Investigative reporter Danny Casolaro was on the verge of allegedly exposing an network of intelligence agents, organized crime members and U.S. officials responsible for every major scandal of the 1980's, including: Iran-Contra, The October Surprise and the BCCI scandal.  Casolaro called this network "The Octopus."


Danny Casolaro was born on June 16, 1947, the first of six children.  His father was a prominent physician.   The Casolaro's had their share of heartbreak, one child was born with a heart defect and lived briefly and the oldest sister Lisa, would die of a drug overdose, her death was ruled a suicide.

Casolaro dropped out of college to work for the National Enquirer, he also became a reporter for Computer Age.  In 1990, Casolaro got the lead on the Inslaw conspiracy story.  Inslaw was a software company formed in 1980.  The company was owned by William and Nancy Hamilton.  The software they developed-Promis, could help prosecutors across the country keep track of important investigations.  They signed a three year contract with the government.  After the first year, the Hamilton's claim that payments were delayed and they were driven out of business because government officials wanted to gain control of Promis for personal gain.  The government denied the allegations and Inslaw filed for bankruptcy.

While doing research on this story, Casolaro came across a bigger conspiracy, the Octopus.  This story would consume Casolaro, night and day.  He worked on it 16 hours a day, staying on the phone for hours, operating on 2-3 hours a sleep.  Meeting with sources, CIA spooks and spies.  He chased down every lead, spoke to anonymous callers and compiled notes.  This story allegedly, connected government officials, crime figures and Intelligence agents with a covert network that was allegedly responsible for every major government scandal of the 1980's: Iran-Contra, The October Surprise and the BCCI scandal.  He was going to meet a super-source in Martinsburg, West Virginia, this source could supply the missing pieces to the puzzle and Casolaro would conclude his investigation by exposing top government officials, mob figures and rogue intelligence agents.   This bombshell could bring down the government, ruin careers and send people to prison.

Casolaro believed "The Octopus" was an international group of eight men, responsible for the above scandals.  He believed that these same men were behind the alleged 1980 deal during the Reagan administration-to keep the U.S. hostages in Iran on ice.  In a book proposal, Casolaro described these men as a group of thugs and thieves who roam every corner of the continent with their weapons and their murders, trading dope and dirty money.  A few weeks before his Martinsburg trip, Casolaro began receiving death threats urging him to back off the story.  Over lunch, Casolaro told his brother, "if something should happen to me in Martinsburg, or I get hurt, don't believe it's an accident."  Casolaro arrived in Martinsburg with briefcases full of notes and documents regarding the "Octopus."  He planned to meet with an IRS source who would give him hardcopy information on certain targets who were involved in the Octopus conspiracy.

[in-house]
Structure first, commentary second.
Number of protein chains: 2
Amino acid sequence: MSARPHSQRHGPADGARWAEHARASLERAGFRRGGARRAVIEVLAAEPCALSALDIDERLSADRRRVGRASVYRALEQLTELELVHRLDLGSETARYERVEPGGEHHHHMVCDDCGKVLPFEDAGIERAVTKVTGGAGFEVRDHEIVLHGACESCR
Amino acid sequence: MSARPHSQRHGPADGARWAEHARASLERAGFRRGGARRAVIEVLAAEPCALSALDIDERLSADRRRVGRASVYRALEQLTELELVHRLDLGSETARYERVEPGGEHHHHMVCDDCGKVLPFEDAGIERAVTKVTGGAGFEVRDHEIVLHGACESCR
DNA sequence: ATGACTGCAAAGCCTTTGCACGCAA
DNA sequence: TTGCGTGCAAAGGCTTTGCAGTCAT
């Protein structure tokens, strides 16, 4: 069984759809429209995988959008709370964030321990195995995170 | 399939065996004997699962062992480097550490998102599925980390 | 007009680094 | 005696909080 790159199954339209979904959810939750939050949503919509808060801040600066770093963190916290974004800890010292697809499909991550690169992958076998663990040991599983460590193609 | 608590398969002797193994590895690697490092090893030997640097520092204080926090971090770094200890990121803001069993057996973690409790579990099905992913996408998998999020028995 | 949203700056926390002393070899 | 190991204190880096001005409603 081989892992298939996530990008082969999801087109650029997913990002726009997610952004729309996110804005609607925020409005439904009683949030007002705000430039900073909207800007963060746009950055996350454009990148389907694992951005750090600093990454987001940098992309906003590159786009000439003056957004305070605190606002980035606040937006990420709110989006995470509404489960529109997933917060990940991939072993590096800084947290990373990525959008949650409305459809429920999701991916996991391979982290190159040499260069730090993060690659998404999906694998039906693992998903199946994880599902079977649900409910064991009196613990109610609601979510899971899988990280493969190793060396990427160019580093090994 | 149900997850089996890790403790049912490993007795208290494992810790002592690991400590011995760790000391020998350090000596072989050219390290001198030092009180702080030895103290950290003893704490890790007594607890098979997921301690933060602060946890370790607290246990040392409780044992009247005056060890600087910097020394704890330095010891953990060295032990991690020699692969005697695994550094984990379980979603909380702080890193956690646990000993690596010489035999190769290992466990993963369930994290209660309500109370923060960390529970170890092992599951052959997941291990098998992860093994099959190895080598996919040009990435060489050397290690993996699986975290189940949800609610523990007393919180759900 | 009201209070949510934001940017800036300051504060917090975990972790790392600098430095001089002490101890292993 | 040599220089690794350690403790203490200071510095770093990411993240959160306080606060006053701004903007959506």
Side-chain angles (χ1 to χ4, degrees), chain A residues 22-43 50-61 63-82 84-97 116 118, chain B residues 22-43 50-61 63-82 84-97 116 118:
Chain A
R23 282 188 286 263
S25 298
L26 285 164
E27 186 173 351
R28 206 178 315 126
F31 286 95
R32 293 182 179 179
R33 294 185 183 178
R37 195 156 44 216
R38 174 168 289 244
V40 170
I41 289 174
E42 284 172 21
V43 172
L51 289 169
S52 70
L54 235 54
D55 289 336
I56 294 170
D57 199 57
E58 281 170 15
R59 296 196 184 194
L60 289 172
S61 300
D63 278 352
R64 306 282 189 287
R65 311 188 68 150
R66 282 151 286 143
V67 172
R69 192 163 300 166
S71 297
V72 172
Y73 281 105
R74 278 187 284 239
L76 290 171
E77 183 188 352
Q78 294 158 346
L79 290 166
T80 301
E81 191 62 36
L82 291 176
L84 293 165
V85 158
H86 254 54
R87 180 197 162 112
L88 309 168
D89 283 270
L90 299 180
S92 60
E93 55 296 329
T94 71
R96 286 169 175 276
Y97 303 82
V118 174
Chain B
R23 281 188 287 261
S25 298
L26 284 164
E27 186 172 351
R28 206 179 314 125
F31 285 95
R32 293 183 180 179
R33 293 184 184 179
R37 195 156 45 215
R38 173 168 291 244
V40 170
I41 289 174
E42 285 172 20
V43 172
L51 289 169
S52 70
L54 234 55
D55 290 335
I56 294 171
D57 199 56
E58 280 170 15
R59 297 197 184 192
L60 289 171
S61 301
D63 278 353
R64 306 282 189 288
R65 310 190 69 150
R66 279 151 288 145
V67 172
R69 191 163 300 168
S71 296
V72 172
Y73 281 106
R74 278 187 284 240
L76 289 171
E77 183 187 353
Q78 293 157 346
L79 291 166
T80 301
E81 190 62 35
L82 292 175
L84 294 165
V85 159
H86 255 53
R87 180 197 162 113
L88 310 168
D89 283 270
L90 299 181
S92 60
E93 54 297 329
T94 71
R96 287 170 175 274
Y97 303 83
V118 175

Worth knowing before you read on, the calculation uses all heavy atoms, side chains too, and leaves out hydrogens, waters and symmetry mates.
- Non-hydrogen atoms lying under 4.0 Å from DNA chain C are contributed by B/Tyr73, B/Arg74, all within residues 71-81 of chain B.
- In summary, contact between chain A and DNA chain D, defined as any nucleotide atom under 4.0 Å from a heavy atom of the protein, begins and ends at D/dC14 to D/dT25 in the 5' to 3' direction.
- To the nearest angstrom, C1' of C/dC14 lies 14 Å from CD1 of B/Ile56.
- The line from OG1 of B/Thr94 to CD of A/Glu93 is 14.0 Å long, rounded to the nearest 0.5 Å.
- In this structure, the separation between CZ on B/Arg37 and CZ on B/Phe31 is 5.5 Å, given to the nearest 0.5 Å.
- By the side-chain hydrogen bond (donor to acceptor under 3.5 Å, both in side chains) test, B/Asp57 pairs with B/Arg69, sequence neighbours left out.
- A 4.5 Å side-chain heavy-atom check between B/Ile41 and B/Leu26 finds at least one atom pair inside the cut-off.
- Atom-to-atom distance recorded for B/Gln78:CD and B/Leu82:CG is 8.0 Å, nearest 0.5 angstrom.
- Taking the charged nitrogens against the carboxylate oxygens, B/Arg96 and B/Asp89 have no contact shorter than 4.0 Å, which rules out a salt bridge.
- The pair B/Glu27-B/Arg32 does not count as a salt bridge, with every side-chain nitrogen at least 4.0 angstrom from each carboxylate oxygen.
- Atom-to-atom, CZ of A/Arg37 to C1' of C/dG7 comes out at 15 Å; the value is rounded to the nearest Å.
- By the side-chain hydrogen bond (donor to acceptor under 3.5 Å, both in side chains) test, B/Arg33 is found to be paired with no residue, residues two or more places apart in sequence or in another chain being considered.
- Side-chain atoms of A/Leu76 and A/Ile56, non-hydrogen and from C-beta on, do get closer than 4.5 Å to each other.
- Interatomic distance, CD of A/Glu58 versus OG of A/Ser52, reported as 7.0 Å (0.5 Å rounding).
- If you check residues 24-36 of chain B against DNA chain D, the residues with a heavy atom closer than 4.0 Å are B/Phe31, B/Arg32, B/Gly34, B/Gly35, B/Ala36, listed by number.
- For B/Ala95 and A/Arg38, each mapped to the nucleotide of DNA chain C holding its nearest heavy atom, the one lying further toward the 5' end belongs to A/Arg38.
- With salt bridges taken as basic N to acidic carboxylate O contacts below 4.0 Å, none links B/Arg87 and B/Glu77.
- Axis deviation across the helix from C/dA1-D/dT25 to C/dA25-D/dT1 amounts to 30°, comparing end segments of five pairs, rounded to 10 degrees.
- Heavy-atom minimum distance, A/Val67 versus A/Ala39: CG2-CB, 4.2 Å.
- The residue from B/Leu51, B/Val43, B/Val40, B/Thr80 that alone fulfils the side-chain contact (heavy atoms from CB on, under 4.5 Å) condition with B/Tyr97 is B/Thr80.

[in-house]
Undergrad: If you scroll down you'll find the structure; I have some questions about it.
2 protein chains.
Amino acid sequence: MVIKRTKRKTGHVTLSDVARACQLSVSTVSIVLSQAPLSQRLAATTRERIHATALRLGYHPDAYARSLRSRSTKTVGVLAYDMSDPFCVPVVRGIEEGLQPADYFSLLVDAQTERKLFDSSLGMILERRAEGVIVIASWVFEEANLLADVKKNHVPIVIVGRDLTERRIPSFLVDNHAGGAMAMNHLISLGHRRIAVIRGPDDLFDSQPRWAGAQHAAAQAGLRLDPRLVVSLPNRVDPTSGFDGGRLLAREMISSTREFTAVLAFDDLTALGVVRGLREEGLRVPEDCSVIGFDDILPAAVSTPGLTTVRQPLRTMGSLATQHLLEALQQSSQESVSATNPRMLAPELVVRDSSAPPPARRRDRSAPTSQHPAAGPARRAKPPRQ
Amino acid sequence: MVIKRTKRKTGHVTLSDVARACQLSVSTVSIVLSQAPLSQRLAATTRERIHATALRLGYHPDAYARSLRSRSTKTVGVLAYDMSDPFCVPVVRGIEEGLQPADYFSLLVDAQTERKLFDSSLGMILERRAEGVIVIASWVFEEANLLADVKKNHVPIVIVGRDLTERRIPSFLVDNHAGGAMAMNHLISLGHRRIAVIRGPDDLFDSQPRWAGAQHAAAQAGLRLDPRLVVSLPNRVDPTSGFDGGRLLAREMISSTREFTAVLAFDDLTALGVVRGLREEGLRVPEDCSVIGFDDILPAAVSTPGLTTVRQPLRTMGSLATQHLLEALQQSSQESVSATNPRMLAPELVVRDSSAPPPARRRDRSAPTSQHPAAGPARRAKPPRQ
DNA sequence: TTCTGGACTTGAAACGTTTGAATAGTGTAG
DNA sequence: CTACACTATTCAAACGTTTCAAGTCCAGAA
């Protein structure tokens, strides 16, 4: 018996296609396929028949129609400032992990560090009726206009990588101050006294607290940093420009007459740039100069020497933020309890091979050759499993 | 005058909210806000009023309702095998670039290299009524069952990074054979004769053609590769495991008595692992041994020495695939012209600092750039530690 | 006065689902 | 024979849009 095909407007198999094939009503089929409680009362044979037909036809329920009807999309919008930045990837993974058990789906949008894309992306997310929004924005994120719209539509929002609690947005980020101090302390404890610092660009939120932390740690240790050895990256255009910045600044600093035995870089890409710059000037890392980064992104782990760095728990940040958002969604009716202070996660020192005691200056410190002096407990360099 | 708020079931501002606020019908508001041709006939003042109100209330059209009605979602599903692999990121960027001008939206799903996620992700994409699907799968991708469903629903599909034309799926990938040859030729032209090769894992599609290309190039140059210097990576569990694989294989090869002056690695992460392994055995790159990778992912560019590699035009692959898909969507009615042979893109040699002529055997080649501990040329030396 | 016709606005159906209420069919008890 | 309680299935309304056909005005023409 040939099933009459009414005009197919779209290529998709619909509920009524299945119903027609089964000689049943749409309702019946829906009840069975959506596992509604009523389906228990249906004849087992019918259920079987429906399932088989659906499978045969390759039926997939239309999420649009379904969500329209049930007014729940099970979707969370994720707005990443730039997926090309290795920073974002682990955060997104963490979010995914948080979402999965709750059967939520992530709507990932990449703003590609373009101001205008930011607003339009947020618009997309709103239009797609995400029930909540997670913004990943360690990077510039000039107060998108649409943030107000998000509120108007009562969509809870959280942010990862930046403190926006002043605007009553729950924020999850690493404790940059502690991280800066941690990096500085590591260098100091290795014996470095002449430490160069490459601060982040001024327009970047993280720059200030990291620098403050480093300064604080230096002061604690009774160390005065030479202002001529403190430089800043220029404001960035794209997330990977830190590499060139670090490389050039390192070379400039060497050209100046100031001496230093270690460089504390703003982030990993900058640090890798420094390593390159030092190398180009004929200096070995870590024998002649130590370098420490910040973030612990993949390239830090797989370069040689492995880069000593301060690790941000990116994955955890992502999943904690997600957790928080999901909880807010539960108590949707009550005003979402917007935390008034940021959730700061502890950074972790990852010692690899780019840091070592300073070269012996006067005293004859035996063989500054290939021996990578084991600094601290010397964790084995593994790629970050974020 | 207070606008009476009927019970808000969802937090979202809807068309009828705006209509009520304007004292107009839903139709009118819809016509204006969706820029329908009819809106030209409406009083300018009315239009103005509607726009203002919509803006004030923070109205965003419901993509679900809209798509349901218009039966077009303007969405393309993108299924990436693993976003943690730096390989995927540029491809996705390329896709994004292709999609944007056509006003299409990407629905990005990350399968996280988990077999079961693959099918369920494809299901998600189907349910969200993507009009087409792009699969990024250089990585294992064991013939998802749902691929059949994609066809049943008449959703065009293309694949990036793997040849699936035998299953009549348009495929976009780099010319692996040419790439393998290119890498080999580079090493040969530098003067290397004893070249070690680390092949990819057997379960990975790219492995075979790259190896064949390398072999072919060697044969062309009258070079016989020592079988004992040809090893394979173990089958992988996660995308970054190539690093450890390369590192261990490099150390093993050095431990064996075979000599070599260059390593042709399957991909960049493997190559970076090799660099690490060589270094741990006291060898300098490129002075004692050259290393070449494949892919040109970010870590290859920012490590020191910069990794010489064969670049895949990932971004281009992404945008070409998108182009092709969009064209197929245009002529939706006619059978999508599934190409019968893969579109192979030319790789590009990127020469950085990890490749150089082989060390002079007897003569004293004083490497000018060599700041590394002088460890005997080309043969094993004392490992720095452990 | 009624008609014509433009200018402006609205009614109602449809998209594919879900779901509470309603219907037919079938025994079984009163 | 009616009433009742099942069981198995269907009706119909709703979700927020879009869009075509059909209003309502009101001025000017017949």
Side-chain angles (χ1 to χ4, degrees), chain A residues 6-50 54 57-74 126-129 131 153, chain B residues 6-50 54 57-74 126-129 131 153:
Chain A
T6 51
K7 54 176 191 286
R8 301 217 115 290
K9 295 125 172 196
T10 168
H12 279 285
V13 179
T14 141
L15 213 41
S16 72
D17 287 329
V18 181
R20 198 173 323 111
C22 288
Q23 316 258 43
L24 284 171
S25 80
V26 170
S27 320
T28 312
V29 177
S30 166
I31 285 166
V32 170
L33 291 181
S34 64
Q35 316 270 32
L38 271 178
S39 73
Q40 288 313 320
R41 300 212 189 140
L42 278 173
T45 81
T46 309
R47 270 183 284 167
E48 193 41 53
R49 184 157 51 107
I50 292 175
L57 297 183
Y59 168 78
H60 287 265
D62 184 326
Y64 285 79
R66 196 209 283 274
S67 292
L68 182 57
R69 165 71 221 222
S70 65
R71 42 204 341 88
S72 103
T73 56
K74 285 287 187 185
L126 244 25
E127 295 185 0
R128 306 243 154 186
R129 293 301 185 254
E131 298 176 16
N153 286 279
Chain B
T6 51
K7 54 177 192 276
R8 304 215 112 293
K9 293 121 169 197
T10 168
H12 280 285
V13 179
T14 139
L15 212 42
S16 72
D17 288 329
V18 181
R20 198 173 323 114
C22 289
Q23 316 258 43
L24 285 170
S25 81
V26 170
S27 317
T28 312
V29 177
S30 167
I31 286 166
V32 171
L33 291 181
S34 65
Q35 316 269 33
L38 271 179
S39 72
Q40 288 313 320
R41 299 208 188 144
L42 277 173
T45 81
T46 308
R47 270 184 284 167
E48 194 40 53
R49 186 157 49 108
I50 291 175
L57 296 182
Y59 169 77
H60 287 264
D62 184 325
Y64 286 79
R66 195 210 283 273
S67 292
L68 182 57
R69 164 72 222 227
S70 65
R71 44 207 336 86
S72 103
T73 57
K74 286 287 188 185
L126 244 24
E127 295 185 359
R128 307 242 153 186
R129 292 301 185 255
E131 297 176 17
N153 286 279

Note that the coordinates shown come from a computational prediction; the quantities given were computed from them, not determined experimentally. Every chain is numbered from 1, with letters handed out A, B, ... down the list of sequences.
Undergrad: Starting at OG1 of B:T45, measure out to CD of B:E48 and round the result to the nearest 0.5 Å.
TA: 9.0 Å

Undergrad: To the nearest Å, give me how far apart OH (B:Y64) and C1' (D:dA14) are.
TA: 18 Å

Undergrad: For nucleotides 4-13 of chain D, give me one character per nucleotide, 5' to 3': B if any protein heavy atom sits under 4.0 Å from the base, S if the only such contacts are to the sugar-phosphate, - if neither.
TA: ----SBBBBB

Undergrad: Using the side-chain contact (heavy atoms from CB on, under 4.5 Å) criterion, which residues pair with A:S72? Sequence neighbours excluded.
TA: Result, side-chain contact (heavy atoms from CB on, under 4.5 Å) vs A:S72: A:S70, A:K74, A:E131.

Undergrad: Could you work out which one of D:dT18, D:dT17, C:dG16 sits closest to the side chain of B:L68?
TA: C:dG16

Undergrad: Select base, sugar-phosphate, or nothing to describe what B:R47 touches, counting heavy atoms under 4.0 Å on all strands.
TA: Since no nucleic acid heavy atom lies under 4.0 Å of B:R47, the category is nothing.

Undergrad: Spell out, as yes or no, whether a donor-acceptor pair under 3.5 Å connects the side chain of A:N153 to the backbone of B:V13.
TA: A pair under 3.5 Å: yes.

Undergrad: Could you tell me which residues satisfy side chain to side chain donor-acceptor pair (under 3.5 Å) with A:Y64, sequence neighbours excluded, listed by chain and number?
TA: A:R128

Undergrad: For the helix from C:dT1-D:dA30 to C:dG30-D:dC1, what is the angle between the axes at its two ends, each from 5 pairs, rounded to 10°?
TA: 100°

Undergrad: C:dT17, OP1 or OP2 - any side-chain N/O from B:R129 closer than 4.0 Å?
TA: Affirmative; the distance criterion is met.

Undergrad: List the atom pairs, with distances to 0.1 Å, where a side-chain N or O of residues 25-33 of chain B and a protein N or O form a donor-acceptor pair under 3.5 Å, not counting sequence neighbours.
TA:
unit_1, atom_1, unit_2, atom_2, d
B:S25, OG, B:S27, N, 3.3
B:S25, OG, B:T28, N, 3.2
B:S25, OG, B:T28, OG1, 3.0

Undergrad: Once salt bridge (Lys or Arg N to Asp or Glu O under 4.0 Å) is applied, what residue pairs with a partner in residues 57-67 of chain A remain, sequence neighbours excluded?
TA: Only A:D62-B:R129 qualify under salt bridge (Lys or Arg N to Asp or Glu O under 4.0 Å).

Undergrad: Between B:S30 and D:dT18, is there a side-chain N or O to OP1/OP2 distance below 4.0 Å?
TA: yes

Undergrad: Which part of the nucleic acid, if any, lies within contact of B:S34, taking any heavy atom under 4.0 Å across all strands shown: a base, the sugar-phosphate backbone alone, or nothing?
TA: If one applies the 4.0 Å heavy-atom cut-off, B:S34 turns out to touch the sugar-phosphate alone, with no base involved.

The info would also show evidence of a money trail.  He also looked forward to meeting his elusive super-source.  The last sighting of Danny Casolaro was recalled by a waitress who saw Casolaro in the company of an Arab or Iranian man. Just after 12 noon on August 10, 1991, chambermaids at the Sheraton Inn in Martinsburg, West Virginia found the body of a nude man in a bathtub full of bloody water.  The dead man was Danny Casolaro.  A suicide note lay nearby: TO MY LOVED ONES, PLEASE FORGIVE ME, MOST ESPECIALLY MY SON, AND BE UNDERSTANDING.   GOD WILL LET ME IN.

The investigation into Casolaro's death by the local authorities was compromised from the beginning.  The room was not sealed off with crime scene tape, the tub was not drained for evidence, the door containing blood splatter and possible fingerprints was not removed. The death was quickly ruled a suicide without any type of investigation.

Casolaro's wrists were slashed in twelve places.  A paramedic on the scene stated: "The cuts on the right wrist extended to his tendons, and the cuts on the left wrists hit tendons.  I've never seen such deep incisions on a suicide, I don't know why he didn't pass out from the pain after the first two slashes."  Family members, friends, and critics were not buying the suicide theory.  His family was not immediately notified regarding his death, it took the authorities a full two days before they notified the family.  His body was also embalmed without the family's permission.  Before the emergency crews arrived, the head housekeeper saw two bloody towels under the sink, she told an investigator "It looked like someone threw the towels on the floor and tried to wipe the blood up with their foot." The towels were accidentally thrown away.  According to a physician who reviewed the autopsy.  Casolaro's wrist gashes didn't have the usual hesitation marks of a suicide.

His numerous "Octopus" notes and documents disappeared without a trace.   They have never been recovered.   Casolaro was not a deeply religious man yet he refers to GOD in his suicide note.  Casolaro was very squeamish regarding needles and blood.  He was also uncomfortable in the nude yet he was found naked, dead in a bathtub full of bloody water.  Casolaro often remarked to family and friends "I could never commit suicide after what Lisa's (his sister's) death did to my family."

Sources: Spy Magazine, "The Octopus" by Kenn Thomas and Jim Keith and "The 60 Greatest Conspiracies Of All Time" by Jonathan Vankin & John Whalen.